No matter the size of your team, be sure to establish some accountability for both your team and yourself. Either align with another person who is in a similar position as you or someone who has been in your shoes, and permit them to hold you accountable for achieving progress.
Lack of self-confidence can be tripping you up and cause you to subconsciously sabotage your progress. It could be either a lack of confidence in your team or lack of confidence in yourself. Honestly examine both of these potentials and see if you’re accurate in questioning the abilities. If you don’t have faith in your team for viable reasons, get another team. If you discover that you truly don’t have the skills needed to execute things properly, change that. Learn what you need to learn, hire whom you need to hire and seek guidance from someone who can mentor you on your journey. If you lack confidence because you don’t think you deserve success, stop thinking that way. You DO deserve success (as defined by you). Don’t let anyone ever tell you otherwise.
Sometimes plans get stuck due to lack of resources. Sometimes, it is what it is, and the timing might just be off. However, many times, there are ways of overcoming a lack of resources. The money is out there. The time is out there. The knowledge is out there. You just have to want it enough. If you don’t want it enough, dig into that and discover why. It could be a lack of confidence, fear, it’s not a viable idea; perhaps you don’t really care about it…
Focusing on Perfection
Continually seeking perfection is a significant issue for many people. They feel like they can’t execute their plan until it’s perfect. They’re afraid to release that book until it’s perfect. They won’t reveal their work until they think it’s perfect. Don’t even get me started on pointless “planning” meetings. Guess what? It’s probably never going to be perfect. We’re human, and perfection just isn’t always realistic. So, do your best, do your due diligence, have someone else look over your work and opt for progress over perfection. Ensure that meetings have a clear purpose, goal and stick to their allotted time.
If you have too many distractions, and you’re not able to focus. You need to do as much as realistically possible to remove those distractions and set yourself up for success. That might mean only checking Facebook once or twice a day, or turning off your phone if you’re doing something that requires extreme focus. If you’re working on a side-hustle and a busy household is preventing you from focusing, you can set up boundaries with your family, work on it once everyone else is asleep or pop out of the house and go work at a library or coffee shop for a couple of hours.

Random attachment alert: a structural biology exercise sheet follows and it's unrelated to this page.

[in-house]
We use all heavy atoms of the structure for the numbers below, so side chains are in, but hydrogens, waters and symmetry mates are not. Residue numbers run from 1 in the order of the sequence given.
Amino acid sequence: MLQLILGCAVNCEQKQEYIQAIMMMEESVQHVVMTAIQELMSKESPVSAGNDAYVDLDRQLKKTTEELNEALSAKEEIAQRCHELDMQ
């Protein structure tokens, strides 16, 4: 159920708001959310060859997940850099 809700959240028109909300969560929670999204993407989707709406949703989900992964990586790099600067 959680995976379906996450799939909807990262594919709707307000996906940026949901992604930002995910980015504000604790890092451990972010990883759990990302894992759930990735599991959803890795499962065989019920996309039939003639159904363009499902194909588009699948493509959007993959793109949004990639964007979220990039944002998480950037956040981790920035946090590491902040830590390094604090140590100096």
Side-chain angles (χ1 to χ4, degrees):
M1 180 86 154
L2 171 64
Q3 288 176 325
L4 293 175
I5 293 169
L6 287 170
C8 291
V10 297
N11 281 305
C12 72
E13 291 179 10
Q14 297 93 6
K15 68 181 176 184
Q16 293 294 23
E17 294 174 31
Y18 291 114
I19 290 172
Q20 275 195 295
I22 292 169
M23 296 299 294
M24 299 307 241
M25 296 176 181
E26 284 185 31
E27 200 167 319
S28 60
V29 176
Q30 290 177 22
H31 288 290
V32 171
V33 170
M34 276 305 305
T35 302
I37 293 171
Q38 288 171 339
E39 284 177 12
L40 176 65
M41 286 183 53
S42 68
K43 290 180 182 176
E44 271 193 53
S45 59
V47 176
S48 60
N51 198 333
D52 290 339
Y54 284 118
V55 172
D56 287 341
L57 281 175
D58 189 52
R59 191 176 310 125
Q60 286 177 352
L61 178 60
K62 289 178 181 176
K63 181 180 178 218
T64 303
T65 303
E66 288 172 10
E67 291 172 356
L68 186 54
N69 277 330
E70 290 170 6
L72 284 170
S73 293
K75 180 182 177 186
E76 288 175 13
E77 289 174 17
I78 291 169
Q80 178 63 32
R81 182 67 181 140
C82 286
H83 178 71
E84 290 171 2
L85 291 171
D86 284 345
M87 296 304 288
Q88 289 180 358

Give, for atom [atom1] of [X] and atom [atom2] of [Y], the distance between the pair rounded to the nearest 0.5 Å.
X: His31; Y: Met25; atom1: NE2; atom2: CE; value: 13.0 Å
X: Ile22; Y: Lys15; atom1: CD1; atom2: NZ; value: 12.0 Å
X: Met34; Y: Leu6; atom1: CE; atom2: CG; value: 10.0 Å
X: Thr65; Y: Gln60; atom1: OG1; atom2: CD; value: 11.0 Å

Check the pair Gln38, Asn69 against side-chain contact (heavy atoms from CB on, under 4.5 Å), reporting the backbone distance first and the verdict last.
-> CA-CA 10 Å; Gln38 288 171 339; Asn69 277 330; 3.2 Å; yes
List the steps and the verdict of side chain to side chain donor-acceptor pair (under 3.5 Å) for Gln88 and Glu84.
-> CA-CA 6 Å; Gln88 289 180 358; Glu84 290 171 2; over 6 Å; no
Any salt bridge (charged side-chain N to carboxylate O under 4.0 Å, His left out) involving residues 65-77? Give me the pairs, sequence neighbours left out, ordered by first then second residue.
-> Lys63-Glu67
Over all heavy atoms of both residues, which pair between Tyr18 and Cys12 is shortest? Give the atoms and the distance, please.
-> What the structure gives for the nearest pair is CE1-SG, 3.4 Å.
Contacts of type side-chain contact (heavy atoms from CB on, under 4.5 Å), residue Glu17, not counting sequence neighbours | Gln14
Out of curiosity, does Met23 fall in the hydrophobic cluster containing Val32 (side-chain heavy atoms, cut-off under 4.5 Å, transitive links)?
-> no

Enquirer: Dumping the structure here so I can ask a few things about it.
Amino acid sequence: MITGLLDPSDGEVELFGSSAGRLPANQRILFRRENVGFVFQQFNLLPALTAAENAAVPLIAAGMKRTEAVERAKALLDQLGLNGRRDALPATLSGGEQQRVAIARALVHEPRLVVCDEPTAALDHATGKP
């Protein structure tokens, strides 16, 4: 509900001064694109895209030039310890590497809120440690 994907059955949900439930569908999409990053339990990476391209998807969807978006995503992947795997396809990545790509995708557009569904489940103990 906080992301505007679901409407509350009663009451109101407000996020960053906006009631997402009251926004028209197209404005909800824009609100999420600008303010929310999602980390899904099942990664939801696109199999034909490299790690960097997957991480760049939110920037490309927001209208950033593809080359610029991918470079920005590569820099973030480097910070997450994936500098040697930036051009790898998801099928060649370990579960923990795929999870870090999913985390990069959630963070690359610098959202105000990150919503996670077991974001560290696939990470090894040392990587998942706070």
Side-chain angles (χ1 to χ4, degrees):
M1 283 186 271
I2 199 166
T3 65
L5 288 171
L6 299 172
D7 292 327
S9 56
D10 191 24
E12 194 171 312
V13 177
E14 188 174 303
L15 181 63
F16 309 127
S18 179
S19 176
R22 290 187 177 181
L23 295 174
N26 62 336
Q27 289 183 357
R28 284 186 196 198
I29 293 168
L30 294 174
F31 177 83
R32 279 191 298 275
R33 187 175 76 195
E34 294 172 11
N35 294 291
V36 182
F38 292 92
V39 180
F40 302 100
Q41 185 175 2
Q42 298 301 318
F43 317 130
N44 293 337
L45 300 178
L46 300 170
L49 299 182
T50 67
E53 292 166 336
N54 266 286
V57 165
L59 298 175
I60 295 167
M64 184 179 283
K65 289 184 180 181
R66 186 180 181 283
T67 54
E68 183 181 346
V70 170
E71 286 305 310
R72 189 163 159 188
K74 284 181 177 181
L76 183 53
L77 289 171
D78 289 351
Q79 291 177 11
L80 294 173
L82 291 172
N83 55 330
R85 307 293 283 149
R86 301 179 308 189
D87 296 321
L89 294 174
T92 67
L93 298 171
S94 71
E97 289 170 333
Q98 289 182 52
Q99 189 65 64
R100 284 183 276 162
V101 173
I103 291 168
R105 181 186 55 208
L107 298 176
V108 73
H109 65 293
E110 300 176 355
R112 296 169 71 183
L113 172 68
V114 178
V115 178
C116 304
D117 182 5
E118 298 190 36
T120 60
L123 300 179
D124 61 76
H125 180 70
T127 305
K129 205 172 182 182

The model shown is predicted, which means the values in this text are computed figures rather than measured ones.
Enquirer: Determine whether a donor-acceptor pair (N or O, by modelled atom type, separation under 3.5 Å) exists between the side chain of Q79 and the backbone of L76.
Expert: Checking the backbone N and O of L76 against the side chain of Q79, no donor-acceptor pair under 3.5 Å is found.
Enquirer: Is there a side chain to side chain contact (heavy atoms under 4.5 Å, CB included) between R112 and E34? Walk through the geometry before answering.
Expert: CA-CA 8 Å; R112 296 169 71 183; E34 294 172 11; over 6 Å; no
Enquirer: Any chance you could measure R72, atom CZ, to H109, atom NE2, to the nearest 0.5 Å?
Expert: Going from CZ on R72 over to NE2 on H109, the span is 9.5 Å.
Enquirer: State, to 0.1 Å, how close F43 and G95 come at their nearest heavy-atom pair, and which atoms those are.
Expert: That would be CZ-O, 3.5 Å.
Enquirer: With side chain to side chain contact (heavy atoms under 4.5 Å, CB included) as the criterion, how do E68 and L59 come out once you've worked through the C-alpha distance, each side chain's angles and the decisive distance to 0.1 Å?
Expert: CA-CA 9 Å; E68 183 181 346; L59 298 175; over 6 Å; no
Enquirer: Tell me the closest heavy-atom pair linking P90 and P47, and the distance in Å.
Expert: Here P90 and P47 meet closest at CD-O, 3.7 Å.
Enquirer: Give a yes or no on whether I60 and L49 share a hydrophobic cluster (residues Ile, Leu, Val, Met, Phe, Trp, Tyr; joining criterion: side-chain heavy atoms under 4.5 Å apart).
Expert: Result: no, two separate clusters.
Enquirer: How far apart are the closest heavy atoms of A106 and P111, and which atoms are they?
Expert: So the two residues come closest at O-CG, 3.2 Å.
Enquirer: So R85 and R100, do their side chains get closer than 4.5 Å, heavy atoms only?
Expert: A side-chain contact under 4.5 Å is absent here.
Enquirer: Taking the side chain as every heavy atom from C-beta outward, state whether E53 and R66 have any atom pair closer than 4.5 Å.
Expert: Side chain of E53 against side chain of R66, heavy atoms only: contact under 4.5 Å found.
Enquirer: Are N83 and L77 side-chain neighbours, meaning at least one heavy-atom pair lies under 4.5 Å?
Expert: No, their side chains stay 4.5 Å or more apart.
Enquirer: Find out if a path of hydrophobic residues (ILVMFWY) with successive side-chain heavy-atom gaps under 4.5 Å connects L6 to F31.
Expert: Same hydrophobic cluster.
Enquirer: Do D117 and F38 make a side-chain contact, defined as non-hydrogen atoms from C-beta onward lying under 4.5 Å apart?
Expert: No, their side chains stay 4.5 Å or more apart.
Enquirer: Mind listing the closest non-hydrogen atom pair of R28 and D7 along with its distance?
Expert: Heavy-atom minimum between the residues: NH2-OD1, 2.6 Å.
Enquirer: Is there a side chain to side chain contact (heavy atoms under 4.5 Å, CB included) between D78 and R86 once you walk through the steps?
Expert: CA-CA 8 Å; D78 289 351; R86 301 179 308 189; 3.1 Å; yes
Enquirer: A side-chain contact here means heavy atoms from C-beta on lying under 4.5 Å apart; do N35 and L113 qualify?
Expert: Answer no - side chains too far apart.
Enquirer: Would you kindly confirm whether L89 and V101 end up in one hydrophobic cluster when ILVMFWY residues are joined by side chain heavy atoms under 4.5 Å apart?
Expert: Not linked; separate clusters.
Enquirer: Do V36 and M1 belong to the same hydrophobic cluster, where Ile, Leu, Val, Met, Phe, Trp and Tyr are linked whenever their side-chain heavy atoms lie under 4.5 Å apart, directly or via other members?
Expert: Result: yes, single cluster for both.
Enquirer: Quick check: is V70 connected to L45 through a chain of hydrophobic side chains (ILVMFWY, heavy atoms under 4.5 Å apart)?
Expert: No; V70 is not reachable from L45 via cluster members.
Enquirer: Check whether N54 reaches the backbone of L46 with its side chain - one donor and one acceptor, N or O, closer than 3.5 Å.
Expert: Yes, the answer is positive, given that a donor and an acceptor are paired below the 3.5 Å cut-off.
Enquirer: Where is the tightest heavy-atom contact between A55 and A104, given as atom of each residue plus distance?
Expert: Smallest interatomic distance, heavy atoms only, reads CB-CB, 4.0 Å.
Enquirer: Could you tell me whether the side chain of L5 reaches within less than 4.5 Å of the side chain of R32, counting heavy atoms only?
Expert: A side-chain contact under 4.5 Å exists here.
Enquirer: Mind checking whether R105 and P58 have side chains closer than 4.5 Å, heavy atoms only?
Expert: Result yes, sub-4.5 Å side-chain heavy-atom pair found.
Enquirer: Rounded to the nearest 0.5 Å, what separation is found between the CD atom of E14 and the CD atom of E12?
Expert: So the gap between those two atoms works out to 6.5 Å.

Too Much Busy Work?
Often people will mistake activity for accomplishment. They get too bogged down by busy work. At the end of the day, if your actions didn’t help you move forward in your goal, then you’ve not made progress, and you should work to not fall in that trap again. So, don’t research yourself to death, don’t spend more time networking than you are actually doing your work and don’t waste your time putting together systems and practices that don’t actually support your end-game or make your life easier.
Do you really align with the idea?
Lastly, if you’re having a hard time executing your plan, check-in with yourself and make sure that the idea actually serves you well. Do you really align with the vision? Once you’ve brought the idea to realization, will you actually be pleased? Do you genuinely care about it?
What stumps you in your journey to execute your ideas? What holds you back from achieving the success you want? Do you have something that helps you achieve execution? I’d love to hear it! Let’s help each other out and share your suggestions below.